My enthusiasm for my quest mounted as I explored the bike trails, but I noted that very few women were out on their bikes. That seemed a little odd, though I would soon understand. Over the next few weeks, as I fully recovered from my injury, I pieced together the CCT sections encountering steep and hilly parts, crossing major highways, and dealing with somewhat treacherous terrain in parts where weather or woods helped test me and sharpen my skills.
Just past Oakton, near Oak Marr Park, the lack of signage confused me into a wrong turn that momentarily led me to believe I should compete with traffic on a busy single lane road. Once re-established on the CCT and back in the woods, overgrown thorny vines snagged my clothes as I rode by. Those thorns were the likely culprit when I soon discovered a punctured tire and my ride came to an unplanned and ignominious standstill. Great! With no one around, no spare tire, no patch and devoid of bike maintenance skills, I felt vulnerable. I took out my mace spray and began walking my wounded bike back to the car. I had been sorely unprepared for the terrain.
Why aren’t there more females out on the bike trails? When a woman enters unfamiliar territory, she needs to know it’s safe to proceed. A visual trail breakdown might help preview the conditions and rigors of the trail and help a cyclist anticipate precautions to observe.
We all know the health benefits, but we don’t necessarily know about the beauty and hidden treasures tucked along the paths out there. Experiencing isolated splendor should not come at a cost. New riders trying to broaden their biking journeys should anticipate the terrain, understand the level of safety, and know what to expect as they navigate the trails.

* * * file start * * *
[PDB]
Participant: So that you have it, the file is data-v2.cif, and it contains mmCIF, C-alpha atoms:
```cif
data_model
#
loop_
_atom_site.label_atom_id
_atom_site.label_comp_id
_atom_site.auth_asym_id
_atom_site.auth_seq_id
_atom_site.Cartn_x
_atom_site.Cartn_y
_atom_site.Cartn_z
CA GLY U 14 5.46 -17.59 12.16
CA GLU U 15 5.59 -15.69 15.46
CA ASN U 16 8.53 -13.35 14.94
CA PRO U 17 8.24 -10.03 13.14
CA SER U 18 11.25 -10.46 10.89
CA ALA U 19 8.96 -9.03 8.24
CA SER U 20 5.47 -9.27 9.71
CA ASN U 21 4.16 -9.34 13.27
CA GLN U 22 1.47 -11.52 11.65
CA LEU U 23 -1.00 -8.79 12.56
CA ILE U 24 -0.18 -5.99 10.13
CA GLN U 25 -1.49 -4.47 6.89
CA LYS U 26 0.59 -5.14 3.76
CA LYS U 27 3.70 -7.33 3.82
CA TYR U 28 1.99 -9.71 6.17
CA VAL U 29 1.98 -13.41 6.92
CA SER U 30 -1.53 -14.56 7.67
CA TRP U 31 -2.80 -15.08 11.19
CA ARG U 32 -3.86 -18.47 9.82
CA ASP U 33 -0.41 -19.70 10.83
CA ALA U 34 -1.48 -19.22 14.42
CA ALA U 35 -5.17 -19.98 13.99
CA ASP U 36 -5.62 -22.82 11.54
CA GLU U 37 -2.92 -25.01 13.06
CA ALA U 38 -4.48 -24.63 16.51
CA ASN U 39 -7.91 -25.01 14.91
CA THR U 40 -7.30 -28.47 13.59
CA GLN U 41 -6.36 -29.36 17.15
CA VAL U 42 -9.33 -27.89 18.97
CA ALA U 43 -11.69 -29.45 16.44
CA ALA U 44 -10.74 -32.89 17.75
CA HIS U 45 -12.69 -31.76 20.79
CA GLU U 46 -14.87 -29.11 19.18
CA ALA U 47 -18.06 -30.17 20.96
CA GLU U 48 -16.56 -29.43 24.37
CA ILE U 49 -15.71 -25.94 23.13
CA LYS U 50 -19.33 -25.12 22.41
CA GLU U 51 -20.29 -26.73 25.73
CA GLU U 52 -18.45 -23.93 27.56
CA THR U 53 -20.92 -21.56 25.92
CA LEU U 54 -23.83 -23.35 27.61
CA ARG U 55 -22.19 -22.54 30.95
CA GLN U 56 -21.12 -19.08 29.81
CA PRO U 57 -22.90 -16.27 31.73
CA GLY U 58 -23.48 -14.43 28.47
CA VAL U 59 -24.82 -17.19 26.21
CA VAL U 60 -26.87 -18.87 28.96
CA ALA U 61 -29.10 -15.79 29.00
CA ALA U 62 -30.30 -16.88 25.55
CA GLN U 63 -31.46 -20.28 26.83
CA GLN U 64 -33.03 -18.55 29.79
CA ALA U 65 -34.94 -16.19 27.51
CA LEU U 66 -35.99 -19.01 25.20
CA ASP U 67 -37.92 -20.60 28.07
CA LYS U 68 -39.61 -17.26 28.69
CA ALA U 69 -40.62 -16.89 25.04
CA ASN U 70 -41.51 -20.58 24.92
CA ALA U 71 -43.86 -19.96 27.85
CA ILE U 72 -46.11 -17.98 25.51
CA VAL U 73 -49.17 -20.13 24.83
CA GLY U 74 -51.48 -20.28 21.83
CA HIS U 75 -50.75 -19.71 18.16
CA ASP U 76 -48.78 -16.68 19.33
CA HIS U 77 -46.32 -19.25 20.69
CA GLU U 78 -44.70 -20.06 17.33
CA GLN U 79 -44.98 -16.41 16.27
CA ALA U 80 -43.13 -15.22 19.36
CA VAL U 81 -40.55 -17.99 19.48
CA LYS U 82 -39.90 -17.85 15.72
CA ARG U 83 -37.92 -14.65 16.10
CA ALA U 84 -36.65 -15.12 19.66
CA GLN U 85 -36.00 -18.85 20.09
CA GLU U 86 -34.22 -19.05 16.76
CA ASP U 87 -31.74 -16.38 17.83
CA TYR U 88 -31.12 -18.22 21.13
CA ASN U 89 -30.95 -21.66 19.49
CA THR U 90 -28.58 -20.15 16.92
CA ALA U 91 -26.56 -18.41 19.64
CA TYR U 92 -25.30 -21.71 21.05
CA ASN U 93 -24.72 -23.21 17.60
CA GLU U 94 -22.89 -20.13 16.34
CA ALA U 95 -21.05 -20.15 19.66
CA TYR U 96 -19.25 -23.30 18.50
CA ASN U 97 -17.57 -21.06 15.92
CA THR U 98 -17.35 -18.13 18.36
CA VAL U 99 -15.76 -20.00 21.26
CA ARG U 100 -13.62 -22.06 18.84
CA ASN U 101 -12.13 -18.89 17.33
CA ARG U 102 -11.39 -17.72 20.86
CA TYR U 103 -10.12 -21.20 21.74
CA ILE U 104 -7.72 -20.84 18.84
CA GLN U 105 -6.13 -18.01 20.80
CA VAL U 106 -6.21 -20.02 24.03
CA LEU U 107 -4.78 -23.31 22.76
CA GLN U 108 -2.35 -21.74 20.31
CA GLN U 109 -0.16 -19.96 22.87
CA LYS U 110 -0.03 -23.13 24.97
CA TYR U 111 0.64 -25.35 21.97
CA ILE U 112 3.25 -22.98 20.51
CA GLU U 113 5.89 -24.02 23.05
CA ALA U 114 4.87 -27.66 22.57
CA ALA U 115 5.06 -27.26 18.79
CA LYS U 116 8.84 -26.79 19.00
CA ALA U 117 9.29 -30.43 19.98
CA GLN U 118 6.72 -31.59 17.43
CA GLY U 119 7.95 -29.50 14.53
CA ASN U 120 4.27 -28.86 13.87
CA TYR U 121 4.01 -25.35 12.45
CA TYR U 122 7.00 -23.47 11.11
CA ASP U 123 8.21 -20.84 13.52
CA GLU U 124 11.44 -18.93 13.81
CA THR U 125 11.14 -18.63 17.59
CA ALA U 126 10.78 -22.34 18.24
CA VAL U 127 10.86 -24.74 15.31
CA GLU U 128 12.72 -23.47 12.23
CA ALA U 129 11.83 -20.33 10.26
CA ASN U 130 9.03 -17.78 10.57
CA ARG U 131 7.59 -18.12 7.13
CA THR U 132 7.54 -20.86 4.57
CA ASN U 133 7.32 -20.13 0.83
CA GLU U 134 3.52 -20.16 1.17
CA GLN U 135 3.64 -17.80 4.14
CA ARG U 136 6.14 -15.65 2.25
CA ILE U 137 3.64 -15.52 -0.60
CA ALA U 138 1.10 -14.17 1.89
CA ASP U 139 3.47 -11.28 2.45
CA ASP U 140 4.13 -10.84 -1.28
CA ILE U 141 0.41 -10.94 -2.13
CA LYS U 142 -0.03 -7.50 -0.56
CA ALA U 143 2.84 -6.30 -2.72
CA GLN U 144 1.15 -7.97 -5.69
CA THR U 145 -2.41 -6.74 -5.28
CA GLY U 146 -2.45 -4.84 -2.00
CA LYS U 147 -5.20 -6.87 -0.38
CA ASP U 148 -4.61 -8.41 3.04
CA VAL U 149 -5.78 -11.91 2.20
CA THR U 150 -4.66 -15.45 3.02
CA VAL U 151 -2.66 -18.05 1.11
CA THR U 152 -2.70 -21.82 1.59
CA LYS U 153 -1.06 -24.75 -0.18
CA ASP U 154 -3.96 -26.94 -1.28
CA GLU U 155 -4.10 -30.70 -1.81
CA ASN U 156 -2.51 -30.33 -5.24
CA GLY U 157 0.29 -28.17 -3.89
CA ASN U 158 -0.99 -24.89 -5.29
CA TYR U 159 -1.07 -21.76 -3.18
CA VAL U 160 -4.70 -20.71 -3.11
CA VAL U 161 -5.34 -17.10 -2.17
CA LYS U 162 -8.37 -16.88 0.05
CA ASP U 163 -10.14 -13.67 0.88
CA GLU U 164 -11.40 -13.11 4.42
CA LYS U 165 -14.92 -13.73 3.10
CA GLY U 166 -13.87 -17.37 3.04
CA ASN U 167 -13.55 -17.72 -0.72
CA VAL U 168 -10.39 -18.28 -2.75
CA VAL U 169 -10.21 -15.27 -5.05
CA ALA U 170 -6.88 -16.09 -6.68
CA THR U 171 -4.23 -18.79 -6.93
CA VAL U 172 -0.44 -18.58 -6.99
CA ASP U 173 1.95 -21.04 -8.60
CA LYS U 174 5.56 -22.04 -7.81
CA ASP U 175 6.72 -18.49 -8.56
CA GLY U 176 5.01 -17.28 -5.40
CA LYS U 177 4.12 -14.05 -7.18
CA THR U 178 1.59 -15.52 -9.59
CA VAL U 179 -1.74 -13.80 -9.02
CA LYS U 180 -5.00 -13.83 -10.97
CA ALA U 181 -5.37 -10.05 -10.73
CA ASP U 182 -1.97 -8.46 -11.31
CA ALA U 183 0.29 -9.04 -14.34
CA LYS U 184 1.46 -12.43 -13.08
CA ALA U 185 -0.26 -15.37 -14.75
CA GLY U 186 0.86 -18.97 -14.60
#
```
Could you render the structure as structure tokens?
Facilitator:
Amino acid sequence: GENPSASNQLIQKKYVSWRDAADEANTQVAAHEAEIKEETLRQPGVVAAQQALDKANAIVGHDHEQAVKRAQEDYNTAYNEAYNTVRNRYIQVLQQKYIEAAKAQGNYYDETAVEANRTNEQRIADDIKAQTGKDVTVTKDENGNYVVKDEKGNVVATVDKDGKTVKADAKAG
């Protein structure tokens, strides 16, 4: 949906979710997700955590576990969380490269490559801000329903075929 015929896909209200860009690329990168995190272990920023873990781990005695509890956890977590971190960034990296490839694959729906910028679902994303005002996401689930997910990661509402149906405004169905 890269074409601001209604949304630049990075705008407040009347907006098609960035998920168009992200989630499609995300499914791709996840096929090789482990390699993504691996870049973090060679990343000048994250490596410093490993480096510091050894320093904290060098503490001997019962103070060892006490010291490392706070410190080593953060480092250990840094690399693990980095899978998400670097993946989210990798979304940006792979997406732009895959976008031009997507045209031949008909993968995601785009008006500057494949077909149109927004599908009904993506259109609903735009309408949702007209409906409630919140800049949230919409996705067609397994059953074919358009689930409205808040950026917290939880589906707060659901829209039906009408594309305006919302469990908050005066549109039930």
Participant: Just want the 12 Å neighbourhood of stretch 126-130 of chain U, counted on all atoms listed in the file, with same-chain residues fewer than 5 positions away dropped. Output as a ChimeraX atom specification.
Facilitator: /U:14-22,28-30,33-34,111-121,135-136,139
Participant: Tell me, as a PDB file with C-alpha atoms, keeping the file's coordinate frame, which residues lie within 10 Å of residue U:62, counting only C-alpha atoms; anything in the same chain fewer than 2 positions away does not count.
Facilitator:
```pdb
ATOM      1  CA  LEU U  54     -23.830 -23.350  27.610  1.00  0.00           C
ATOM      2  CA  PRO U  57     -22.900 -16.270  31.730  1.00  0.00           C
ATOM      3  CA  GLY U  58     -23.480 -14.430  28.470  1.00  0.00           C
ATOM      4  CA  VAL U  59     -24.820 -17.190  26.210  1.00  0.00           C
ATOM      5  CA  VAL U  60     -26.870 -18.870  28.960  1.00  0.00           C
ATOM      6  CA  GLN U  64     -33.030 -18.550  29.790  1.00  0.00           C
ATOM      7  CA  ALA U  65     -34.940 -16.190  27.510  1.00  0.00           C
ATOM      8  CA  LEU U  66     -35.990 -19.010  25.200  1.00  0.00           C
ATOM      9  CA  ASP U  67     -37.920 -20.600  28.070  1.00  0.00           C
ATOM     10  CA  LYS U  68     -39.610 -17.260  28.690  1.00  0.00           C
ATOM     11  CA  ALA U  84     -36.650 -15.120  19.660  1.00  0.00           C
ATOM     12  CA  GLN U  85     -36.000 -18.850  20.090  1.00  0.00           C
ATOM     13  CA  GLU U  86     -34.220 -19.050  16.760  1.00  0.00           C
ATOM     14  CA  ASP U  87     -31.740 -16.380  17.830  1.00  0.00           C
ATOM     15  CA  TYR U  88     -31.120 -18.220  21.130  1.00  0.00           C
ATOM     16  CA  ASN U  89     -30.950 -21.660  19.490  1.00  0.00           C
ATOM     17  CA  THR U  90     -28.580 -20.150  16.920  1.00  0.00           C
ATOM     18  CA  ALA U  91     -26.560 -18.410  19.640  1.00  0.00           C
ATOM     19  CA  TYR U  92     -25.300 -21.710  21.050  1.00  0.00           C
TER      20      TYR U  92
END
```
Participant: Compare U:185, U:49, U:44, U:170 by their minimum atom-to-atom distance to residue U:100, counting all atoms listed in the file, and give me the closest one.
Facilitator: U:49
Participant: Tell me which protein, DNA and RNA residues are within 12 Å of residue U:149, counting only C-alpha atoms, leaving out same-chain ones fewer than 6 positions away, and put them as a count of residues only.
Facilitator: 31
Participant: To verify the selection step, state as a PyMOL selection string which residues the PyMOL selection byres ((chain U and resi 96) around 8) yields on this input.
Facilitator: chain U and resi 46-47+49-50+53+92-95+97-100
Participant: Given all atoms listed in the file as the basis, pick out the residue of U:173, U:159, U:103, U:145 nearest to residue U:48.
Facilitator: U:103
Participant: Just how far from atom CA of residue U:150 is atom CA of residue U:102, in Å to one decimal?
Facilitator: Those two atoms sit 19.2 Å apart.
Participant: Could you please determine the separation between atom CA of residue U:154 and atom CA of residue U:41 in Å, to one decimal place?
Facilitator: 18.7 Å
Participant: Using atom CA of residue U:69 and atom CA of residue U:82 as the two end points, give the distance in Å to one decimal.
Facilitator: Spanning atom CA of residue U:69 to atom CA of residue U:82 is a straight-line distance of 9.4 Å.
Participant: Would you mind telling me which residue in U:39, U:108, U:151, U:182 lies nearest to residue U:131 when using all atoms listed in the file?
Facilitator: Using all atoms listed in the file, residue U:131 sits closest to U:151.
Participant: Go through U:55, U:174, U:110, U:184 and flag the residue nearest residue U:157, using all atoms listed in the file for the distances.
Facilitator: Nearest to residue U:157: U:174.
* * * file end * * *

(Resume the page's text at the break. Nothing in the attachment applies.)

I’m a professional videographer with my own company (VideoMagic.video), so it was natural to attach a GoPro on my bike, join forces with a female accomplice (who happens to be a serious biker and fellow videographer) and create a visual taste of what to expect on the trails. We became “Ride and Shine Trailblazing Women” and filmed on bike paths in McLean, Reston, Falls Church, Vienna, Arlington, Alexandria, Burke, DC and all around Fairfax County.
What we saw was sometimes breathtaking in its beauty or even startling with pervasive wildlife. There is much to be learned of our deeply layered historical area. Not only remnants of the Civil War are scattered about, but archeological evidence of Native Americans. There are neoclassical ruins, gold mines, horse farms, birders’ sites, a castle, treasure hunters’ caches, and colorful art sculptures, breweries, dinosaur tracks and so much more.
Hidden gems are right here nestled and often hidden within our neighborhoods.
We created a YouTube Channel called “Ride and Shine Bicycling” and began uploading short trail review videos with titles such as: “Lake Relax You’re on the Bike Path”, “History Buffs’ Treasure Trove”, “Oktoberfest Beer Bike Tour” and “Ghostly Bike Trail”. VisitFairfax.com, the tourism organization, also known for Virginia for Lovers, took notice of our postings and we are now in collaboration. We post once a week. Some of our future posts will be “Seven Crazy Hills to Bike”, “Searching for Gnome Houses”, “Birding and Biking” and “A Quirky DC Bike Tour”.
The goal of Ride and Shine is to empower more women to get on their bikes and ride the trails – preparing better and worrying less. Walkers and runners will reap similar benefits.
Bike riding helps transport you into a simpler world beyond the cityscape showcasing beauty, history, and ecological diversity. As the wind rushes through your hair, remember to be a good steward of our cultural and natural resources. Ride a bike…see stunning scenery…explore and enjoy the journey.
Hope to see you riding!